Social cohesion is fundamental to the functioning of a healthy society. It refers to the relationships of trust and connectedness that enable a sense of a common good across different communities, underpin the social contract between citizens and government, and allow societies to deal with difference and conflict in non-violent and non-coercive ways. Today, social cohesion faces a set of pernicious challenges and threats through the dynamics of digital misinformation.
While digital information technologies have the potential to benefit individuals and societies in many useful and important ways, their propensity to amplify and accelerate misinformation leads to vulnerabilities on a global scale.
This scale is possible because digital technologies have created conditions in which information:
– spreads further, faster across vast networks of interconnected channels and platforms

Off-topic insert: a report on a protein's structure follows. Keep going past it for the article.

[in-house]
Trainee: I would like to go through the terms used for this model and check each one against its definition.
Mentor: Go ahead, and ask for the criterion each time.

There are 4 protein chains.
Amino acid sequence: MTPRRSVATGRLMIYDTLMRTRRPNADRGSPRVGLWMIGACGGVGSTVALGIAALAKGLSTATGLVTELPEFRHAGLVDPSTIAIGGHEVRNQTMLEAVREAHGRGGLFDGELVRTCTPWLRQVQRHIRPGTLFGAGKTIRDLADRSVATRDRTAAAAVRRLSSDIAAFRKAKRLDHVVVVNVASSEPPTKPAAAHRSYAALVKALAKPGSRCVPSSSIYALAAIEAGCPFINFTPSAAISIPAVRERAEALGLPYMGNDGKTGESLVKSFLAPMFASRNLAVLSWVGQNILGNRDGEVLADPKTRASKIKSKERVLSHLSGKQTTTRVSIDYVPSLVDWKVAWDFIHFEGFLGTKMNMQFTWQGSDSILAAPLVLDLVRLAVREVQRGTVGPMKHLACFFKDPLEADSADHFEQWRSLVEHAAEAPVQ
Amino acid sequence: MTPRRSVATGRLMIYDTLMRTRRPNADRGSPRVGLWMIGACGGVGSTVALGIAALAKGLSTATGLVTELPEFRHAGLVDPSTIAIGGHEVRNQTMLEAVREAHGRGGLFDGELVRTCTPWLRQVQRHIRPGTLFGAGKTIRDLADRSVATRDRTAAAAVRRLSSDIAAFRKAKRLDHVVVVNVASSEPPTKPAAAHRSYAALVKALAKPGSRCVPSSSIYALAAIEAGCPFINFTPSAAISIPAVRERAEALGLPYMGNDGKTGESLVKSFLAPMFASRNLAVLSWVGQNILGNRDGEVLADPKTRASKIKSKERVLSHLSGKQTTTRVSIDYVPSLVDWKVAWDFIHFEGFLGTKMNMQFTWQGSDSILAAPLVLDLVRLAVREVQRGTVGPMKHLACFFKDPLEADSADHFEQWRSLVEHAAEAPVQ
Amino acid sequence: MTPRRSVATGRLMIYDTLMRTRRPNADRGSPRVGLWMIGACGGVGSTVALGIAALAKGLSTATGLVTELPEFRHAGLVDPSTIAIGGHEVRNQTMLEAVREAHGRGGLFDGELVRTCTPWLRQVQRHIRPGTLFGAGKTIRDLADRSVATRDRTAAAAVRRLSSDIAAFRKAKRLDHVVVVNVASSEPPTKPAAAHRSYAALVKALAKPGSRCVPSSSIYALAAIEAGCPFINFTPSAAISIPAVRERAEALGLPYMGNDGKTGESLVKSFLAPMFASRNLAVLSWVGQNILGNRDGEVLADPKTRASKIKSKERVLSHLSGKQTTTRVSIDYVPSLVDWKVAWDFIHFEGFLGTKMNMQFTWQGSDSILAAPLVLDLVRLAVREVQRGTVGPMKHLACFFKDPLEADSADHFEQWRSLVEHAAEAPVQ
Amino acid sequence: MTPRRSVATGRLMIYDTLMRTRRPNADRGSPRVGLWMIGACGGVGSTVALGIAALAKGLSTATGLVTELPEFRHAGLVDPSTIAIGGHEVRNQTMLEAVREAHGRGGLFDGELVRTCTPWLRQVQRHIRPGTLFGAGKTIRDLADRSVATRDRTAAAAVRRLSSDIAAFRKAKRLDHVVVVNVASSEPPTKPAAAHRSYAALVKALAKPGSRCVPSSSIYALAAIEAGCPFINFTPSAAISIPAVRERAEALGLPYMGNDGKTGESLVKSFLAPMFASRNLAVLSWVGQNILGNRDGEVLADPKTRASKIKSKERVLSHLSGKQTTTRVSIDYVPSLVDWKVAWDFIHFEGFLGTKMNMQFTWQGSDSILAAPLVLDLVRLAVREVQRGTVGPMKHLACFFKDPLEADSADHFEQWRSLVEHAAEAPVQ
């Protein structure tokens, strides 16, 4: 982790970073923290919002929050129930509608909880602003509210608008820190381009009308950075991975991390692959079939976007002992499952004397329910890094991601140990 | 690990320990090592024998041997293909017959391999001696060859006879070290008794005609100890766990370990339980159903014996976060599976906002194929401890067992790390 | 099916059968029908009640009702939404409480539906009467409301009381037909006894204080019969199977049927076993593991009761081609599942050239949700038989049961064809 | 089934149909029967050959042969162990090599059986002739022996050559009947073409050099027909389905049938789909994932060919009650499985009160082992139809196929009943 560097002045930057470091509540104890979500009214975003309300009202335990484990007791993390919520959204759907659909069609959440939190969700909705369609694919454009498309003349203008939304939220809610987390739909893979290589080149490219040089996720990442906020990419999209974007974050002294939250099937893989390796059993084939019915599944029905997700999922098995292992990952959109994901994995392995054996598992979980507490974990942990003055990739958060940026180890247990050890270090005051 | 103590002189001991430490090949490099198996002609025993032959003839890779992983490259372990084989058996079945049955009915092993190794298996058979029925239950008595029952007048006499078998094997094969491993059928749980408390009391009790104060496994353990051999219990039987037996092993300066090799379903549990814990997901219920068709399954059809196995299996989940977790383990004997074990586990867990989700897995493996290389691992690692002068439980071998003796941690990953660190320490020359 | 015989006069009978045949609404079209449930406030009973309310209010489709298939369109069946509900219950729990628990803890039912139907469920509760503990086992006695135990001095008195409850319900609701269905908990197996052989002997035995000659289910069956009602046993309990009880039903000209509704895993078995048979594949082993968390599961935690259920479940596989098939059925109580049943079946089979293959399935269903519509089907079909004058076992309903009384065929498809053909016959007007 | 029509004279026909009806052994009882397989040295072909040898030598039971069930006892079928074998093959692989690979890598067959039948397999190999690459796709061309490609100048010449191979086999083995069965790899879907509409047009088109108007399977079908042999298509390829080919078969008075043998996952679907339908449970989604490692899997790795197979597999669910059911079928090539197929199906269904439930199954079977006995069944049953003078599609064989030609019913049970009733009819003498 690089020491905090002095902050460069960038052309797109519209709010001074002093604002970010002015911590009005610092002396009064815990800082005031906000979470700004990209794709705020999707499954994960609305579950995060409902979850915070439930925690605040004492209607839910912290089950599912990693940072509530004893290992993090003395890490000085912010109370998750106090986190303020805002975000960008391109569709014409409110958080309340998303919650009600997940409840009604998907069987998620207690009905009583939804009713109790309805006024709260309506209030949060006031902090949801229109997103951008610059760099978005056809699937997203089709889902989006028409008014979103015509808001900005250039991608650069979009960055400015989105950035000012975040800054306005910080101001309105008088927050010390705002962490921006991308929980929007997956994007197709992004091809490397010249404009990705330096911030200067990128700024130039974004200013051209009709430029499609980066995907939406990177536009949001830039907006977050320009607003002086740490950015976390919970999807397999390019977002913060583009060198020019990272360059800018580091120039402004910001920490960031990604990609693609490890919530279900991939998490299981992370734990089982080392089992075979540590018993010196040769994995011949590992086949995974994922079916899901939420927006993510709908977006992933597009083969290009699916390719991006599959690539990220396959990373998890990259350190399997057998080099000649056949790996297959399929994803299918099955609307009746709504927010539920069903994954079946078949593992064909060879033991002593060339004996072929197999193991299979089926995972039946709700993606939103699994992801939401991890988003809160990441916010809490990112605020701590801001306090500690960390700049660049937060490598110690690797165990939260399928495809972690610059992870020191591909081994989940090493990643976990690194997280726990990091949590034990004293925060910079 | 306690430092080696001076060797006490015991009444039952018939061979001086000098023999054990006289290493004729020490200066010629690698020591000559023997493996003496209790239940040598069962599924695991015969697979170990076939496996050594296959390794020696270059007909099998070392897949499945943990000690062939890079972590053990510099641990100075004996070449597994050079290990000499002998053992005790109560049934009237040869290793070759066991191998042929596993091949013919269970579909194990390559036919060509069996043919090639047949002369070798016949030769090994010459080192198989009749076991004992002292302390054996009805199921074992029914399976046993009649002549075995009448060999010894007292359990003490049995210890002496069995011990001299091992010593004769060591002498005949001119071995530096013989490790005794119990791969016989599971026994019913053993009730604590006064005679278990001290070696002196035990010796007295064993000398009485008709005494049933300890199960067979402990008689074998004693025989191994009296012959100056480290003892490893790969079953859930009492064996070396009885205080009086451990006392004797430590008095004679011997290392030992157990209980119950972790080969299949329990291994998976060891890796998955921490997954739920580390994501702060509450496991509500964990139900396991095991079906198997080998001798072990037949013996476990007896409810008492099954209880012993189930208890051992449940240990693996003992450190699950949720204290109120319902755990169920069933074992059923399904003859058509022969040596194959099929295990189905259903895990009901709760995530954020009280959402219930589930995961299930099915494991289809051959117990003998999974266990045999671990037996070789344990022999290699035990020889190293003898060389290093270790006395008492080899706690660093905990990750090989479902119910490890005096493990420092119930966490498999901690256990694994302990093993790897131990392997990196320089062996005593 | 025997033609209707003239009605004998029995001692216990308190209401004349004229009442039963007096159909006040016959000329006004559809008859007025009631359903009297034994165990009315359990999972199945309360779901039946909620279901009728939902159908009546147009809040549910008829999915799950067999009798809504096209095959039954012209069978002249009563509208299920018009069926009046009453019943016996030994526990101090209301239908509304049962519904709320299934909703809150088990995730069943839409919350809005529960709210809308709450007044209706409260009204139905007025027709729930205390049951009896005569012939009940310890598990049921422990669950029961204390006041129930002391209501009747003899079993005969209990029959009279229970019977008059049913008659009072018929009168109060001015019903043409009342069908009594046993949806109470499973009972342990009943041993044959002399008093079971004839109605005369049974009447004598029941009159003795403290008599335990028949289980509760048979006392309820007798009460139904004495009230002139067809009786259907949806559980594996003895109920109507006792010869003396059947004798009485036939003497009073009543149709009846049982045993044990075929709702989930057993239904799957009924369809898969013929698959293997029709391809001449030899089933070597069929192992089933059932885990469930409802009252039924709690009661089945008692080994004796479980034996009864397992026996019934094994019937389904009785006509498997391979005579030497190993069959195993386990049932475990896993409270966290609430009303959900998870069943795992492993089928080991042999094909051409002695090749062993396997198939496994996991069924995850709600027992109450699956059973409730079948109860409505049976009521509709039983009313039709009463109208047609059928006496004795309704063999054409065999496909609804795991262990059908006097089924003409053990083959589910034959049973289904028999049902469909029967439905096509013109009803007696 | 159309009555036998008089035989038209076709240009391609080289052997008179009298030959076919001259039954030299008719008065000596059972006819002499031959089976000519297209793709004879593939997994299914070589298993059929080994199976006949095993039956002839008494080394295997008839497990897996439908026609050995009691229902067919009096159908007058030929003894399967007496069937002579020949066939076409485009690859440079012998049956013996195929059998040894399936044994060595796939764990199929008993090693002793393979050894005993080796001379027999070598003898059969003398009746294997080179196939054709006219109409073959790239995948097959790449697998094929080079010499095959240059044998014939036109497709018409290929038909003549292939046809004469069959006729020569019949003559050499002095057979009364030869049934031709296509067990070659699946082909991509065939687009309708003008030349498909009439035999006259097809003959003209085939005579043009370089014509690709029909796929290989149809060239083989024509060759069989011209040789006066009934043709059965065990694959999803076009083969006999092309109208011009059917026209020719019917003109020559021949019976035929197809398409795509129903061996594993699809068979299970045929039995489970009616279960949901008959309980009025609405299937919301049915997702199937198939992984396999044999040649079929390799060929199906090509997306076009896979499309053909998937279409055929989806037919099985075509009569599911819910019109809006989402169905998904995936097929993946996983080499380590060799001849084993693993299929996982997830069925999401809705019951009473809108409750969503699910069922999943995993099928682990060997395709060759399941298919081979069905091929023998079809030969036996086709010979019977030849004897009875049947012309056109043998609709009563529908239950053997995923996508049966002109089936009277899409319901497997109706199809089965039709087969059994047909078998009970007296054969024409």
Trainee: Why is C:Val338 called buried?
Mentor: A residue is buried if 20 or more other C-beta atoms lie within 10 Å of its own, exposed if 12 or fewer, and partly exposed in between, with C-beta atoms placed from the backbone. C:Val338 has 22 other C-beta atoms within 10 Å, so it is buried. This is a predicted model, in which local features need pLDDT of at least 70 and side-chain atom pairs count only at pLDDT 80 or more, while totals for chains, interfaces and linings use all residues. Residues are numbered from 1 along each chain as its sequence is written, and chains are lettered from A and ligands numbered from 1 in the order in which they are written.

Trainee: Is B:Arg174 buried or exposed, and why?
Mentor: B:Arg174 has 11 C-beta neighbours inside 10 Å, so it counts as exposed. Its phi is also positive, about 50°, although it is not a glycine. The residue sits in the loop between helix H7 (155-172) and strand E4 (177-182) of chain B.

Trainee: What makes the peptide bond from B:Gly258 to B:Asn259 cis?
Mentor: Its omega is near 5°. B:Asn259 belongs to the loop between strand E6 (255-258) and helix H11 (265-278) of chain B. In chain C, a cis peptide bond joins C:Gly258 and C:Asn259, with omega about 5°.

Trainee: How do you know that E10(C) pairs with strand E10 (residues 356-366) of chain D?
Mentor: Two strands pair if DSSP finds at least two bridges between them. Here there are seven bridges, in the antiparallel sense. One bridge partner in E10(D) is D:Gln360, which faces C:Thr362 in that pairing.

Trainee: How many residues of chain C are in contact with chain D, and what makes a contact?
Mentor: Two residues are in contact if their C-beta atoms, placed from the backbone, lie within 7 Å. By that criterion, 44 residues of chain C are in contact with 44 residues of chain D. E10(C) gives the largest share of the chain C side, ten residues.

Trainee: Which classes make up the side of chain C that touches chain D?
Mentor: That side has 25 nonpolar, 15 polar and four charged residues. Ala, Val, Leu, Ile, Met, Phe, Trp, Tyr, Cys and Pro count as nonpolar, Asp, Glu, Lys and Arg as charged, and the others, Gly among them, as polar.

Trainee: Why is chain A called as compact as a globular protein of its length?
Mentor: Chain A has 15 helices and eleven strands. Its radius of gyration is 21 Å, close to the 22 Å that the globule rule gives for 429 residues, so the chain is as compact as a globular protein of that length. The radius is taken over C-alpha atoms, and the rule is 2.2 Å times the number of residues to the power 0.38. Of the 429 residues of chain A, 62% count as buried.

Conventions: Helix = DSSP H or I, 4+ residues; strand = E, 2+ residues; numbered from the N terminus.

– can be micro-targeted to increasingly specific groups and profiles
– can be segmented so effectively that different realities can be presented to different people
These online conditions have real-world impacts and play an important role in the erosion of social cohesion. By exploiting tensions and fears and creating confusion around issues of deep importance for wellbeing and stability, digital misinformation fuels polarization, and makes it difficult to recognize which sources of information should be trusted. Likewise, the more difficult it becomes for people to discern fact from fiction, the more easily doubt is sown – in science, government, social institutions, and in one another.
In turn, this fundamental erosion of trust makes us more susceptible to misinformation itself, affecting not only the choices we make as private citizens, but also the decisions and directions formulated and advanced by governments, multilateral organizations, and other influential institutions.This dangerous feedback loop between digital misinformation and social cohesion exacerbates our vulnerabilities to many threats, and its dynamics have been observed across a range of issues, including electoral integrity, climate change, public health, human rights, and gender- and race-based discrimination.
Digital misinformation dynamics have also played an important role in violent conflicts in Ukraine, Myanmar, Ethiopia, Cameroon, and Syria; in social tensions in Sri Lanka, DRC, Nigeria, and the United States, among many others; and is often instrumental in the radicalization practices of violent extremist groups around the world.